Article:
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House of Cards
by Christopher Doty

crystal hall collapseWell, in a case like that, anything is liable to happen.

Reid's Crystal Hall on Dundas Street had earned its name for the fine imported glass and chinaware it carried. But by 1907 the owners had decided to change the direction of their business. Most of the stock was either sold off or stored on the third and fourth floors while the lower levels were leased to Peter Smirlie.

Smirlie had plans to convert the space into a billiards hall, a shoeshine parlor and a bowling alley. As part of the renovations, he asked his contractor to cut ten more windows into the east wall to improve lighting. He also asked that the centre wall be removed and replaced by iron pillars. The workers and the building's owner didn't like the idea, arguing the windows and the wall's removal would weaken the entire structure. The east wall needed to be shored up before such work continued.

Smirlie waved away their concerns, arguing that a combination of iron pillars and beams would be in place immediately and would support the renovation. W. J. Reid, who had already cashed the first rent cheque, shrugged his shoulders and walked away. There was no point in calling city hall since council had considered the hiring of a building inspector an unnecessary expense.

Shortly after four o'clock on the afternoon of July 16 the building was largely vacant, save for two painters and laborers moving stock. Next door at Brewster's five and ten cent store, two salesgirls were sorting out stock for the grand opening later that week. At a nearby clothier's, customers were making their final purchases for the day.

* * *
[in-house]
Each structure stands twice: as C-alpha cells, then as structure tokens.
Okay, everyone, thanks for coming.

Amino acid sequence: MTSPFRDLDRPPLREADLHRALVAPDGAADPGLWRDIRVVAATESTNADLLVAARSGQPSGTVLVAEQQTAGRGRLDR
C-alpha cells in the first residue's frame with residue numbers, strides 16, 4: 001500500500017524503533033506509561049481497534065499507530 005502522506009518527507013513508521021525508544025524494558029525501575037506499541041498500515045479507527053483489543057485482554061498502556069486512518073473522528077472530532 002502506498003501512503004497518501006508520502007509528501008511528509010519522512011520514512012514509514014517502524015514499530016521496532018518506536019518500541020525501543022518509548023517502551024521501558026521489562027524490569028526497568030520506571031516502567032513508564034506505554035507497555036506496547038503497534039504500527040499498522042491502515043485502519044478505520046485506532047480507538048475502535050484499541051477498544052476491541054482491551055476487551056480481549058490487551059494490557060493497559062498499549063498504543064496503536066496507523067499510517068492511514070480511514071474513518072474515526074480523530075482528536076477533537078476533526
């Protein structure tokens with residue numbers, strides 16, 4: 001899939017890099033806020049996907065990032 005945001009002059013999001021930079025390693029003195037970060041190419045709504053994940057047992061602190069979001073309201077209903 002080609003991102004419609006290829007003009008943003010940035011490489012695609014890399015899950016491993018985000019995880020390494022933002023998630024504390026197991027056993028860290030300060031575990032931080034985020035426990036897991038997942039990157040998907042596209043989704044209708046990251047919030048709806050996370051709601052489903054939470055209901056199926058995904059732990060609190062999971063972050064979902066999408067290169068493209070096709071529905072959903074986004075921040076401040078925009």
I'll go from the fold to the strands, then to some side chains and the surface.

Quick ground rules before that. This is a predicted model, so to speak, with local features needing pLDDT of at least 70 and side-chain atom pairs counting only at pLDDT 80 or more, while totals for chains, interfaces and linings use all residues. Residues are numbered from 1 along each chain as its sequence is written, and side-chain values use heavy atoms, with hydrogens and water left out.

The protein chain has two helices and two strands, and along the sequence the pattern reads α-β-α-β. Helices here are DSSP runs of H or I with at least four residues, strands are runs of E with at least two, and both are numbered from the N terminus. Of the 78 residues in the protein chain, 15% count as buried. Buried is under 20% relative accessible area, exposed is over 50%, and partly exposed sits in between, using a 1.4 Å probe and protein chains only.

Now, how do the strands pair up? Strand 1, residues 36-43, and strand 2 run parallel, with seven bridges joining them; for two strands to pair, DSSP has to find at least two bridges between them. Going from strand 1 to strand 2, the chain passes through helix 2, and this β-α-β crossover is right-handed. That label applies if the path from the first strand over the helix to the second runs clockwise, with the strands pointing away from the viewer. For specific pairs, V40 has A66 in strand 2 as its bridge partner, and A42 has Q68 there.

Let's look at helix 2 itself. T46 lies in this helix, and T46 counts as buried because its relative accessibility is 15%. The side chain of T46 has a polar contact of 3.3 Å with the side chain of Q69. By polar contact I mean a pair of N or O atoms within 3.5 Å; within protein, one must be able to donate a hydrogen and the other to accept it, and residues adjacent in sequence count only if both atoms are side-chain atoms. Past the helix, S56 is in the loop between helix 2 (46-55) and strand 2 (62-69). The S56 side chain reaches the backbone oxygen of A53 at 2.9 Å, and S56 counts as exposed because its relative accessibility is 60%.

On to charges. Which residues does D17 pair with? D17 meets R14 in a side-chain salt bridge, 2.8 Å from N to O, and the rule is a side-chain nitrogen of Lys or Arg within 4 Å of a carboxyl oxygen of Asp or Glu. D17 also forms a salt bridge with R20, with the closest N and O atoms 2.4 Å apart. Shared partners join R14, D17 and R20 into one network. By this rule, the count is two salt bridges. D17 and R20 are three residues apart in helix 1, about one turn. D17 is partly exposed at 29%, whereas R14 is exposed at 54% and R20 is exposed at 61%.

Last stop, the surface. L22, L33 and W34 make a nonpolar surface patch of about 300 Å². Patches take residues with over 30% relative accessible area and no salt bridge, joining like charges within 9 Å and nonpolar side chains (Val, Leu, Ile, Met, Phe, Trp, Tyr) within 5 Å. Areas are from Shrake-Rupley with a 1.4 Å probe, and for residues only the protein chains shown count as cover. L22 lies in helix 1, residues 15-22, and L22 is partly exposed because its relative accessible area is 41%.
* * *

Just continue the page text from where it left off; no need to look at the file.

At 4:12 Reid's Crystal Hall rumbled. Workers watched in horror as large cracks opened up in the east wall. As it gave way, the wall smashed through Brewster's and the photographer' studio. The roof then began sliding forward into Dundas Street, followed by an avalanche of bricks, glass and woodwork.

As the floor gave way under her, Blanche Westlake made a desperate lunge for a nearby window sill. Miraculously, the wall and window held, leaving the young woman dangling in midair, screaming for help. A ten year old boy, Jimmie Clugston, was entombed by falling debris in the alley separating the two buildings while Percy Robinson was pinned by a falling beam.

Within seconds, Londoners converged on the scene and began clawing through the wreckage for survivors. Clugston and Robinson were pulled out unharmed while Westlake jumped to safety into the arms of rescuers. Others weren't so lucky. Rescuers could hear one victim singing the hymn "Nearer My God to Thee" from under the tons of debris but, by the time they dug him out, they were too late.

Recovery efforts continued into the night, but not before the mass of timbers, brick and broken crockery had crushed the life out of seven Londoners and injured 40 more - all of them innocent bystanders.

While newspaper editorials screamed for justice, city officials blamed Reid for allowing the renovations to go ahead without an architect's approval. Reid shot back that the city did not have a building inspector. Smirlie attempted to shift responsibility by arguing that an earlier fire at the building had weakened the structure and that no one had bothered to tell him.

"Well, in a case like that, anything is liable to happen," muttered Reid.

While the collapse of Reid's Crystal Hall claimed less lives than the City Hall Disaster of 1898, it was a far more spectacular tragedy. The site of a building strewn across one of London's major streets proved to be an irresistible photo op for newspaper editors and postcard vendors. By the fall of 1907 images of the disaster had circulated across Canada and the incident had become a public-relations disaster for city officials.

An article written by Toronto's city architect roundly criticized London's lack of building inspectors while an inquest into the disaster predictably ended up with Reid, Smirlie and city officials blaming each other.

By the time the last piece of rubble was removed by a steam-powered crane, a red-faced Mayor Judd stated "very firmly" that London would have an inspector and a Building Inspection Bylaw in place by the end of his term in office.

The author wishes to thank Ken McTaggart for the use of passages from his 1999 book, London's Darkest Hours.